By Dan Klein, President and CEO and Amy Niles, Executive Vice President
COVID-19 is affecting the lives of all Americans. But older, low-income adults are being impacted the most. As of April 30, 2020, 79 percent of all COVID-19 deaths in the United States were among people age 65 and older.
Aside from being at higher risk for COVID-19, low-income seniors have something else in common—they likely rely on Medicare. Thankfully, most Medicare beneficiaries have supplemental coverage such as Medicare Advantage, Medigap or employer-based insurance to cover some or all of their COVID-19 treatment costs. But what about the six million beneficiaries without supplemental coverage, over 37 percent of whom have incomes of less than $20,000 per year?
How COVID-19 will impact Medicare beneficiaries
As we discuss in our latest report, Medicare beneficiaries without supplemental coverage can face thousands of dollars in out-of-pocket costs for COVID-19 treatment. While COVID-19 testing and related services are free for Medicare beneficiaries, the care that follows a COVID-19 diagnosis is subject to cost-sharing requirements.
These costs can add up quickly. For some beneficiaries, COVID-19 related hospital admissions carry a minimum $1,408 deductible along with additional expenses for an extended stay in a nursing facility or outpatient services like telehealth appointments.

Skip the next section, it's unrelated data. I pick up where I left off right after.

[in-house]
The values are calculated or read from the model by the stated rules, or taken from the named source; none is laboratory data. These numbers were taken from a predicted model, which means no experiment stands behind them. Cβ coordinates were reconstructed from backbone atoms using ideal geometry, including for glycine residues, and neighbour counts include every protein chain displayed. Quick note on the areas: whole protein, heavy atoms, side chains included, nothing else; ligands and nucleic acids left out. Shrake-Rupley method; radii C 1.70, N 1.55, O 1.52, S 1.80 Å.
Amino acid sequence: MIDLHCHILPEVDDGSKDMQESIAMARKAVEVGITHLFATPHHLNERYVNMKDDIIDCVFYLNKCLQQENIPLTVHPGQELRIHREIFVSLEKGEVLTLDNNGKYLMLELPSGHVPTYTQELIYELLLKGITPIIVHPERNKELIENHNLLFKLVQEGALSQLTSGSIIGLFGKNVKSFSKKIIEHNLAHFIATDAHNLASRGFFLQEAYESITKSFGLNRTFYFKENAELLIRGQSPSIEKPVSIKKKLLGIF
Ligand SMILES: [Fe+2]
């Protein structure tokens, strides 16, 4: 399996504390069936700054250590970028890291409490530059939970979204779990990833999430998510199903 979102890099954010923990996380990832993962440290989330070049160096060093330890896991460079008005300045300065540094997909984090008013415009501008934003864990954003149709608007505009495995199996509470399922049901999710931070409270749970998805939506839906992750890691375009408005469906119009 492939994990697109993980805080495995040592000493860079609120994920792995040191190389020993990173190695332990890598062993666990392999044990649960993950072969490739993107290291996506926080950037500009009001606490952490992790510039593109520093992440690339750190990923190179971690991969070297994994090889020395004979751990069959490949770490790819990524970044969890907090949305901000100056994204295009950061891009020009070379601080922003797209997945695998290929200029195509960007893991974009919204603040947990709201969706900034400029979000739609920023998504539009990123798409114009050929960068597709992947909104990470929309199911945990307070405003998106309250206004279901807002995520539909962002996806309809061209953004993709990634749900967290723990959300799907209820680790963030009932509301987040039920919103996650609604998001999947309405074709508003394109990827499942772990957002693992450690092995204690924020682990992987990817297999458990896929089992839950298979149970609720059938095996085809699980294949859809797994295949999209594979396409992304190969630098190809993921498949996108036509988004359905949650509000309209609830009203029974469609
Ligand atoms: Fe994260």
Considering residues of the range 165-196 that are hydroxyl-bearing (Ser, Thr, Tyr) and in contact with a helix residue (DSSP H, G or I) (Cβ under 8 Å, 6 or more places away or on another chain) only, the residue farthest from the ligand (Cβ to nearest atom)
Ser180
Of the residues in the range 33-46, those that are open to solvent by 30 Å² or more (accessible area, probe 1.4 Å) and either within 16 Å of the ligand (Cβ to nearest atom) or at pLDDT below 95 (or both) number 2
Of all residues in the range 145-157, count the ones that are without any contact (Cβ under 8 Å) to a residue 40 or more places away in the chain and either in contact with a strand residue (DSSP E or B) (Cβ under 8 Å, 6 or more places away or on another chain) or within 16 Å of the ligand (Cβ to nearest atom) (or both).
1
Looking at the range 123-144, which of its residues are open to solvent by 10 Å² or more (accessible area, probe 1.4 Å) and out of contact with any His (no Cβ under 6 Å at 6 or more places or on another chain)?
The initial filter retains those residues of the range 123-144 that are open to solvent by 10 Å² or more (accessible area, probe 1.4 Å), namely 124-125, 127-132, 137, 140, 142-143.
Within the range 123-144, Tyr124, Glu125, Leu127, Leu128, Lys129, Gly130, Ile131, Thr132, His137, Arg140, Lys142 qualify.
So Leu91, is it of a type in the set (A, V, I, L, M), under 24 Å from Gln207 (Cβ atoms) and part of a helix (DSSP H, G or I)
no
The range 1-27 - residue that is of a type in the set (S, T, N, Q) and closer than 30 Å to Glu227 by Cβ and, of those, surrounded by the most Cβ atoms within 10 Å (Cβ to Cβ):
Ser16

And while the world anxiously awaits a COVID-19 vaccine—which will be covered by Medicare—there are several treatments in development for those who already have the virus, including anti-viral medications and treatments for respiratory problems. Under current policies, Medicare beneficiaries would shoulder the out-of-pocket costs for these non-vaccine COVID-19 treatments once they are approved.
COVID-19 will add to the growing out-of-pocket cost burden
Put simply, without supplemental coverage to help fill the gaps in Medicare, six million high-risk Americans are potentially unable to access or afford necessary care related to COVID-19.
It’s time to recognize that treatment for COVID-19 will impose high out-of-pocket costs on economically vulnerable seniors who already struggle to afford the healthcare they need. Policies that are implemented in response to the COVID-19 crisis must consider the millions of Medicare beneficiaries who do not have supplemental coverage.
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